Mercy, Wholeness, and Self-Centered Perfectionism

***Parallel Processing

Parallel process is a clinical term used to describe the common occurrence in therapy when the therapist’s own experience is reflected in the client’s. It is when a client comes in grieving over the loss of a loved one while the therapist has only just experienced his or her own loss as well. It is a therapist helping a client through feelings of anger and hurt that the therapist has also just recently confronted.

But, here’s the thing: we are all in parallel process. Too often in life it goes unsaid.

Here is where I say it.***

Our honey jar is almost empty.

Until my oldest daughter was in first grade she ate honey almost every day.

Ok, ok, for those of you who know us very well…she really ate the same thing EVERY day for EVERY meal.

Oatmeal for breakfast, peanut butter and honey sandwich for lunch, and chicken nuggets for supper.

We were going for the nutrition award as parents.

It worried us me sick, but eventually she grew out of her eating habits just like my more gracious friends and family members assured me she would.  She now eats salmon, tacos, and her favorite kind of food is anything “spicy”.

She grew out of her honey stage and now I am the only one in the family still eating honey on an almost daily basis.  So, when the honey is collecting almost empty at the bottom I dread to purchase a whole new jar just for me.

I often forget to leave the honey turned upside down, which makes it easier to pour out onto my toast.  In this situation, if I am running late in the morning, planning on eating my toast in the car on my drive to class in Knoxville, there is no hope that I will get the honey out in time.

Honey stuck at the bottom has to be turned upside down for what seems like an eternity before it runs all the way down to the bottom where it is useful to the person who wants to eat it.

All of my children have gone through stages when they have had little tolerance for anything less than “just right”.  Their food, their blankets, their homework, their clothes…if anything is out of order a meltdown ensues.  I often find myself doing a great deal of work helping my children learn to tolerate imperfection…so that they can keep moving forward…so they don’t get stuck…so they can laugh, enjoy life, and grow.

Growth and strength require flexibility and, like my children, I have struggled with being bendy since I was young.

In a very literal, P.E. class, presidential fitness test kind of way, too.  My arms just never seemed to match the length of my legs.  A dream of mine in grade school was to actually pass the reach test past my toes.  Since I could barely make it past my ankles, I never came close.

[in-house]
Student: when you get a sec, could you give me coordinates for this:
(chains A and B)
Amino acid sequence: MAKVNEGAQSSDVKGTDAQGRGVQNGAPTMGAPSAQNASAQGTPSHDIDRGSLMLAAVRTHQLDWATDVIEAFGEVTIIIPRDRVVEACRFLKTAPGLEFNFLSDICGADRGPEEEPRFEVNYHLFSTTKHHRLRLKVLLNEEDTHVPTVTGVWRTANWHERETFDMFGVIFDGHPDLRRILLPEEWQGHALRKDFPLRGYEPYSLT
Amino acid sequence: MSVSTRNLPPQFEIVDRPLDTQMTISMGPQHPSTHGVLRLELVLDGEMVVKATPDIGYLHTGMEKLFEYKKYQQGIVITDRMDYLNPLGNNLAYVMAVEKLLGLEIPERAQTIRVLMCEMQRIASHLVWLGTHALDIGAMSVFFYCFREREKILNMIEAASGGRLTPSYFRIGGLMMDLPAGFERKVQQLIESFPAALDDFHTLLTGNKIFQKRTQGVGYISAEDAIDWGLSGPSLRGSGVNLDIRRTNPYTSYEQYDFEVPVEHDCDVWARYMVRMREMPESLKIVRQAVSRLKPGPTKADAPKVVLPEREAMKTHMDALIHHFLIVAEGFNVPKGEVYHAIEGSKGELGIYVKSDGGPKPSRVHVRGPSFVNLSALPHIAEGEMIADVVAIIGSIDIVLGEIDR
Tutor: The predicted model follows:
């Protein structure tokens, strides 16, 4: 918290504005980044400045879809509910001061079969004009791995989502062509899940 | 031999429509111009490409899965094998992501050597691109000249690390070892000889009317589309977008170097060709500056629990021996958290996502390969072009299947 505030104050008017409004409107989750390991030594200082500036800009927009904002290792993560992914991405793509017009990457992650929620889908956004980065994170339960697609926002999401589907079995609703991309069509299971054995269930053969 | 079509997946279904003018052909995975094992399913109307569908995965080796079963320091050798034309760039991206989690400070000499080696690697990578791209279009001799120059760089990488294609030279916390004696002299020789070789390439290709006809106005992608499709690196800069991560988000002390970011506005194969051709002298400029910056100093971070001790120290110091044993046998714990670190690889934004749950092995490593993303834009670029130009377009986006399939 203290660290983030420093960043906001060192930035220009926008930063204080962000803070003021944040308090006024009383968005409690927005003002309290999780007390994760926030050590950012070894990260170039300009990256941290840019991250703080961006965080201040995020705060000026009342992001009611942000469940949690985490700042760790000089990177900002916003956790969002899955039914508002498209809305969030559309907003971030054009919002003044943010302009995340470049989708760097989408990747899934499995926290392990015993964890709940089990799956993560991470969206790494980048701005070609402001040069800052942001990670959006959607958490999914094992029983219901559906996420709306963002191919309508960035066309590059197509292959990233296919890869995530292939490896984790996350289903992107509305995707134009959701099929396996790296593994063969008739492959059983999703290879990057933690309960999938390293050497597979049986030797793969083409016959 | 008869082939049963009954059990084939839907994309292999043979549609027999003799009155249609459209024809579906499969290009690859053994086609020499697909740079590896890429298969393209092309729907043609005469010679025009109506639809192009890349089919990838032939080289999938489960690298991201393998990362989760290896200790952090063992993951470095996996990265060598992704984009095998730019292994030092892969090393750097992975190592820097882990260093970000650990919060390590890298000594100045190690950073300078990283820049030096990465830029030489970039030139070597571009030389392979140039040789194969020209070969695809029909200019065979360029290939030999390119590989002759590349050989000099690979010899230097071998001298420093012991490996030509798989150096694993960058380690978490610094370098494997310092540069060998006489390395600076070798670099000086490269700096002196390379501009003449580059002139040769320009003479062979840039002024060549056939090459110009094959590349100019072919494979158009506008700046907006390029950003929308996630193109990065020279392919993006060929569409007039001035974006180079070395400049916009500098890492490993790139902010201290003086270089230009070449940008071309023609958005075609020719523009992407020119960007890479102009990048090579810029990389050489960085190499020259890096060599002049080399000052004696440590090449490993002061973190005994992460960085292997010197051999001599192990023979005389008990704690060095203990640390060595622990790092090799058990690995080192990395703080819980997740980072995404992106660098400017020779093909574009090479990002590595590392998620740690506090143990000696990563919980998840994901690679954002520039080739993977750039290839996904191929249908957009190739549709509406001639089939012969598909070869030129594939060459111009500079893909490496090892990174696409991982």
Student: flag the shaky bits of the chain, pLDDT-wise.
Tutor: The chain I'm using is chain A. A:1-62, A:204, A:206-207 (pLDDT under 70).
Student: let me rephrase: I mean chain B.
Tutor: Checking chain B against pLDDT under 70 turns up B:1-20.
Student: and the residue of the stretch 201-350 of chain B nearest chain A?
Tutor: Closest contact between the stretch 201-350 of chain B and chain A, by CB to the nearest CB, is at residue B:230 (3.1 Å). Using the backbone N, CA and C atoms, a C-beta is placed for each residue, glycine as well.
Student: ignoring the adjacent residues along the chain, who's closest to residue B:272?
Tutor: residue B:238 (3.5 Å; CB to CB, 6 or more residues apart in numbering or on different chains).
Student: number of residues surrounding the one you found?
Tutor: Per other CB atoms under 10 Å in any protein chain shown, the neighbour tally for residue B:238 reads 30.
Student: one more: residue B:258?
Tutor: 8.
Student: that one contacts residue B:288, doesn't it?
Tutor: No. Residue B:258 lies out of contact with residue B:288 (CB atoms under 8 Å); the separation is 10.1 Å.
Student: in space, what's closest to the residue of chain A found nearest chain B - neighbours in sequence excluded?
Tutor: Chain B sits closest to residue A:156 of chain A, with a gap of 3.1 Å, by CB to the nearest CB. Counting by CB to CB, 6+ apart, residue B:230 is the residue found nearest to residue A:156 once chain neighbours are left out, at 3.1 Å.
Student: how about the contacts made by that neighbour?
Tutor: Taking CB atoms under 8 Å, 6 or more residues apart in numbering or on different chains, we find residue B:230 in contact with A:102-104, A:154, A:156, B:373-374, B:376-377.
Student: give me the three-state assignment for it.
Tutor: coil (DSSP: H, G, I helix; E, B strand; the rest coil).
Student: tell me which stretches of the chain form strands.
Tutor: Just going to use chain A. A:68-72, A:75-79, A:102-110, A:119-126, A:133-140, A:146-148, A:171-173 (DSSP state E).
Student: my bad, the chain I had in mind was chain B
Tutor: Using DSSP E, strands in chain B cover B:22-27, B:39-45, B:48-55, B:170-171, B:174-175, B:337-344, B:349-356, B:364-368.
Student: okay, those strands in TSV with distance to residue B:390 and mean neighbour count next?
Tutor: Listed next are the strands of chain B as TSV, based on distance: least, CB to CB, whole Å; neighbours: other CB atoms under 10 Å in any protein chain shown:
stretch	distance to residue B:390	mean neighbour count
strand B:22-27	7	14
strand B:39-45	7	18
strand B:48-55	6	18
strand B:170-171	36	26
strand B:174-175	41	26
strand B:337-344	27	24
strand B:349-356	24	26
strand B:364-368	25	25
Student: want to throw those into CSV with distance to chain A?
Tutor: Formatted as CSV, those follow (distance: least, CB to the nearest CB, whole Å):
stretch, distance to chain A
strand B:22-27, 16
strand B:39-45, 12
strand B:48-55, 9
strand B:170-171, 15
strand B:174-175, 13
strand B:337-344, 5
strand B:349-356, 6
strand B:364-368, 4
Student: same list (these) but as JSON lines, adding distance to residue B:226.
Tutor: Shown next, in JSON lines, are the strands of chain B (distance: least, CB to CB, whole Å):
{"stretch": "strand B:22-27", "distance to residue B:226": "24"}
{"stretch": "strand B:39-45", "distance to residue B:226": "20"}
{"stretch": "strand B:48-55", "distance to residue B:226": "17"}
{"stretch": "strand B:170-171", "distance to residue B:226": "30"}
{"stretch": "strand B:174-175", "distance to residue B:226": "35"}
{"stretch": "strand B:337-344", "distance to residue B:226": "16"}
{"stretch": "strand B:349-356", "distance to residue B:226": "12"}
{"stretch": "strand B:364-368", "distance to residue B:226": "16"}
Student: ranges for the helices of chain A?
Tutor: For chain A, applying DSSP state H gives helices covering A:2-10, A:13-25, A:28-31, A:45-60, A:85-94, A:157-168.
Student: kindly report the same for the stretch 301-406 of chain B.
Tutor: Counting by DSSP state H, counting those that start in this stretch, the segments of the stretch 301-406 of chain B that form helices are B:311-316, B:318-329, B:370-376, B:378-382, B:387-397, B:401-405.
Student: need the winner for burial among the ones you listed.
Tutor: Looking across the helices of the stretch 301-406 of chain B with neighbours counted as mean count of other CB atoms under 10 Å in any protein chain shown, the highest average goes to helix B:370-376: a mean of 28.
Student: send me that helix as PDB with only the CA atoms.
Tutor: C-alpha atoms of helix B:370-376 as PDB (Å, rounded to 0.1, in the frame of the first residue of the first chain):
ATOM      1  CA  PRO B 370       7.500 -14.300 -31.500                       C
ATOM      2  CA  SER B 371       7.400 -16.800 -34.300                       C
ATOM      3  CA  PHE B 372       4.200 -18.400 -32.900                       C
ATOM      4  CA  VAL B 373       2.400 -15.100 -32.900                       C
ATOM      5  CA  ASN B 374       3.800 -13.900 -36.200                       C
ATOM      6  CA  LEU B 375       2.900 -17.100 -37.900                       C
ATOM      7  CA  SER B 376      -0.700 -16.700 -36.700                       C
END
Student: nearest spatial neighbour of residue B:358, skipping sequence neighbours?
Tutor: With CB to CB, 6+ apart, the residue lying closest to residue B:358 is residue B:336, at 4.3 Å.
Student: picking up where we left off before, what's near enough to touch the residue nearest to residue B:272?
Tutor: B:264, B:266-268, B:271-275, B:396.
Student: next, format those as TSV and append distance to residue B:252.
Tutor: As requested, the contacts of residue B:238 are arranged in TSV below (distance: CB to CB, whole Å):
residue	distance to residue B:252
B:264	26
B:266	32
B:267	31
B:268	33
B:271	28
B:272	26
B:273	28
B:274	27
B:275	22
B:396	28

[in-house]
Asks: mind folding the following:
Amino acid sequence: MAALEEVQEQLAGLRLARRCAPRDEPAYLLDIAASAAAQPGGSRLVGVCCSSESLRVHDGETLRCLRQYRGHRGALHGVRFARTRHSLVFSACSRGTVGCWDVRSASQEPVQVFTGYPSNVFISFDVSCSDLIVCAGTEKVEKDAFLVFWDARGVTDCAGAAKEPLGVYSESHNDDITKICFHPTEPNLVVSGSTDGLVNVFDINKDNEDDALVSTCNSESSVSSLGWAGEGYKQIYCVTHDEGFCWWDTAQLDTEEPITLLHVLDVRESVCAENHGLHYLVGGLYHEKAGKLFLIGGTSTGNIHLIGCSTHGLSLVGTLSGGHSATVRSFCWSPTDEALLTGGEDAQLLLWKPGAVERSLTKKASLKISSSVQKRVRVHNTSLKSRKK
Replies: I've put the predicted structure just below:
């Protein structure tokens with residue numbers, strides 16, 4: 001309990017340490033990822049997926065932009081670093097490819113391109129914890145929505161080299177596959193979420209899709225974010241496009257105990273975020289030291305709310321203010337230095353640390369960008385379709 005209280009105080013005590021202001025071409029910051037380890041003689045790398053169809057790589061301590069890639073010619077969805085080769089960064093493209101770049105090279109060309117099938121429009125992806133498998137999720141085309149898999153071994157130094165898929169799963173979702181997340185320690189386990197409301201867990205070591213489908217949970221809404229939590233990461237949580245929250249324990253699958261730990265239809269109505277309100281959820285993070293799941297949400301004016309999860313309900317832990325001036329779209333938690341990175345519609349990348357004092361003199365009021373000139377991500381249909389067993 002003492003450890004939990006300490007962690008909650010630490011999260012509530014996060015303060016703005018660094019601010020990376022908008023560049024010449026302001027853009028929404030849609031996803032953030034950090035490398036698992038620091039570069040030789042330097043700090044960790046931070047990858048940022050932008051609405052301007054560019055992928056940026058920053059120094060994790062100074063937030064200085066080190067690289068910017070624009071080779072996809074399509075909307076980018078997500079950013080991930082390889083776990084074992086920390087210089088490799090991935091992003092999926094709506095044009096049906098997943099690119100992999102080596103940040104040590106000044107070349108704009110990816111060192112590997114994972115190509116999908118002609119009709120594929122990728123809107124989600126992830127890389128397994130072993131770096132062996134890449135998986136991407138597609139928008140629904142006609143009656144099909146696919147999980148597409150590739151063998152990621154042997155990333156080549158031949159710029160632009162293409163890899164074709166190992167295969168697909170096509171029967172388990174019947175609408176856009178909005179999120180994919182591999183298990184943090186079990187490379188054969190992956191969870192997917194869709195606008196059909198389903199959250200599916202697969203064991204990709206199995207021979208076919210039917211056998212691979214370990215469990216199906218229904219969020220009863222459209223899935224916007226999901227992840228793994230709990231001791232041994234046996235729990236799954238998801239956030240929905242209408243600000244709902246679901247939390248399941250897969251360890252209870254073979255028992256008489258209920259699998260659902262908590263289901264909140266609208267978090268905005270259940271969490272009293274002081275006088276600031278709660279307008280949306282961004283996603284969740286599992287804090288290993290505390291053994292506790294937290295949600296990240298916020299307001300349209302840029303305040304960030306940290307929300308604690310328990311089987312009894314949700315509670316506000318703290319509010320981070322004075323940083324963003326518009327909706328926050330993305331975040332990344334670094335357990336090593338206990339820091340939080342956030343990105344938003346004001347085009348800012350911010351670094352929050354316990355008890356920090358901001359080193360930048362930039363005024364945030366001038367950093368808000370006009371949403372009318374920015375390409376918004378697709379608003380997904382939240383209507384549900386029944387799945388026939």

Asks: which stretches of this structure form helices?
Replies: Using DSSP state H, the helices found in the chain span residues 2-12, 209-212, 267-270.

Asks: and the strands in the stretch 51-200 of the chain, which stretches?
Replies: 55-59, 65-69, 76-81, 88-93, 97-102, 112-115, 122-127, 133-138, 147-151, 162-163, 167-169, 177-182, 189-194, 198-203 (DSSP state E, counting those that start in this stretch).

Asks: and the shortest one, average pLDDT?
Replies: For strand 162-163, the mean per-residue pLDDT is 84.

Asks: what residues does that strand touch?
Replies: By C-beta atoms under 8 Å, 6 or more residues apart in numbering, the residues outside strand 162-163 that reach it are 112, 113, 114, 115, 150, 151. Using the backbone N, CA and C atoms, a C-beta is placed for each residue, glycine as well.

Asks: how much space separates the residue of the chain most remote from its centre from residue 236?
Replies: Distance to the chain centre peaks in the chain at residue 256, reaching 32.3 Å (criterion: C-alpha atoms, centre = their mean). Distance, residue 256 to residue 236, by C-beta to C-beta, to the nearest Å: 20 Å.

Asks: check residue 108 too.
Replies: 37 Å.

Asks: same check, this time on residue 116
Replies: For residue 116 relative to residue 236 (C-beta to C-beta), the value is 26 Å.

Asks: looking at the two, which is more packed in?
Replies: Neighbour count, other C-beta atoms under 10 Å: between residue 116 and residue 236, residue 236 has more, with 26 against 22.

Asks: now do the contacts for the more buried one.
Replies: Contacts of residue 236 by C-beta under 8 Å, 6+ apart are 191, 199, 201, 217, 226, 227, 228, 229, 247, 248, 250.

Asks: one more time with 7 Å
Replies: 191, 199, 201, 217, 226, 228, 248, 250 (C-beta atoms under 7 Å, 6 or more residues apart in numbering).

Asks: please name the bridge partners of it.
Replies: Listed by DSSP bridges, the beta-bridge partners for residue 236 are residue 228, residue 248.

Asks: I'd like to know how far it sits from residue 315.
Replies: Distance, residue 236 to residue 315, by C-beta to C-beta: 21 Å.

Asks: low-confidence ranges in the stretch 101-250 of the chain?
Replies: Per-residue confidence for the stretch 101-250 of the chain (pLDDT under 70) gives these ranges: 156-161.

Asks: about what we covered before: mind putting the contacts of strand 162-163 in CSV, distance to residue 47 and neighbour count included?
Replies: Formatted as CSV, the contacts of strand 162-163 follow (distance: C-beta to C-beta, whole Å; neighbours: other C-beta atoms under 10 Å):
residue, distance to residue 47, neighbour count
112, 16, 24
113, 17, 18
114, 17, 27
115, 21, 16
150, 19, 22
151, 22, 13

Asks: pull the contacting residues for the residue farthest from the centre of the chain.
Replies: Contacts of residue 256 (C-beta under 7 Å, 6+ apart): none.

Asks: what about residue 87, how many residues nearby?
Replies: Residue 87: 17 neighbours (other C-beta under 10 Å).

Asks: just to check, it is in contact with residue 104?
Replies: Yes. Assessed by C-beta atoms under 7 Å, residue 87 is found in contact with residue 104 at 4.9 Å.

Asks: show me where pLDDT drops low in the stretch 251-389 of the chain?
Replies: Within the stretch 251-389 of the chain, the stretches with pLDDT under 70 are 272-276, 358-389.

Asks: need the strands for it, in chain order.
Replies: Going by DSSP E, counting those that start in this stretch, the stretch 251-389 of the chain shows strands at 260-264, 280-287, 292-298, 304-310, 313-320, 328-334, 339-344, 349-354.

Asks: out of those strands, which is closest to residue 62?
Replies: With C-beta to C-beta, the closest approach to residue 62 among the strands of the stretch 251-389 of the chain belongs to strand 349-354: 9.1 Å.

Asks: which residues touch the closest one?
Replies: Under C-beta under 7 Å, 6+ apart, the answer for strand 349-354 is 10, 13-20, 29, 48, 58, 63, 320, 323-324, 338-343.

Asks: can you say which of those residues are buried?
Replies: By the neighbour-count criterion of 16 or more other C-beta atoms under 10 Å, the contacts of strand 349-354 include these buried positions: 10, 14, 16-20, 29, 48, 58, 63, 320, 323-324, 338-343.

I still contend that something was wrong with the tendons in my legs that kept me from being a presidential fitness champion.

But, my lack of flexibility goes beyond my inability to touch my toes and if God had his own course schedule for me this school year I believe the course would be entitled: “Flexibility 101: Learning to Tolerate Imperfection”.

I have heard many people call themselves “perfectionists” and sometimes this proclamation carries an air of boasting to it.

What we often fail to realize is that perfectionists…TRUE perfectionists…often do not fare well in life.  Their obsession with perfection usually leads in one of a few directions:

  1. Never starting anything at all.  If you don’t do it, then you cannot fail.  Sometimes known as “Paralysis of Analysis”, people in this state will often spend a lot of time analyzing or planning, but never following through.
  2. Never finishing anything.  They get started, but out of fear of failure, they keep redoing, making changes, or stalling because as long as they are in process then no one can accuse them of failing.  After all…they aren’t finished yet!

And, remember what failure is…anything less than perfect.

3. The final, perhaps the most deadly, path of a perfectionist is when a person will put all sorts of valuable resources at risk in order to attain perfection.  These resources include time, sleep, loved ones, health, etc.

This path can lead to anxiety, depression, and all sorts of addiction.

Let’s be honest, shall we?  Perfectionism is insanely (and I do mean INSANE) self-centered.

The whole reason a person wants to be perfect is about their own image, what people think about them…their own reputation.

Perfectionism is rarely about benevolence and compassion.

Perfectionism is about the perfectionist.


I started this semester a little uneasy about how I was going to manage all of my responsibilities.  I have this bad habit that my husband now knows well.  When I get overwhelmed rather than shifting down a gear, I shift up.  I decide that the only way I will feel successful in this crazy time is if I do it all…and do it all perfectly.

So I can’t just pass my statistics class where we are studying things like polynomial regression…I have to make a 100 on every quiz.  Anything less and my day is a little bummed.  And, statistics is just one part of my responsibilities.  So I stay up late and get little sleep and put all sorts of demands on my time, re-writing notes three times to help me study, and going overboard in my teaching responsibilities, doing my best to never encroach on my children’s time because I have to be a perfect mama, too.

And, all through this school year I hear God’s whispering to me over and over again… I want you to learn to tolerate imperfection.  I want you to learn to be flexible.

NOT…I want you to be perfect, doing all things with excellence.

Somewhere in our American Christianity we have equated “excellence” and, perhaps, perfection, with faithfulness.

Matthew 5:48 does tell us to “be perfect, therefore, as your heavenly Father is perfect”.  Doesn’t than mean that perfection is not only condoned by God, but preferred?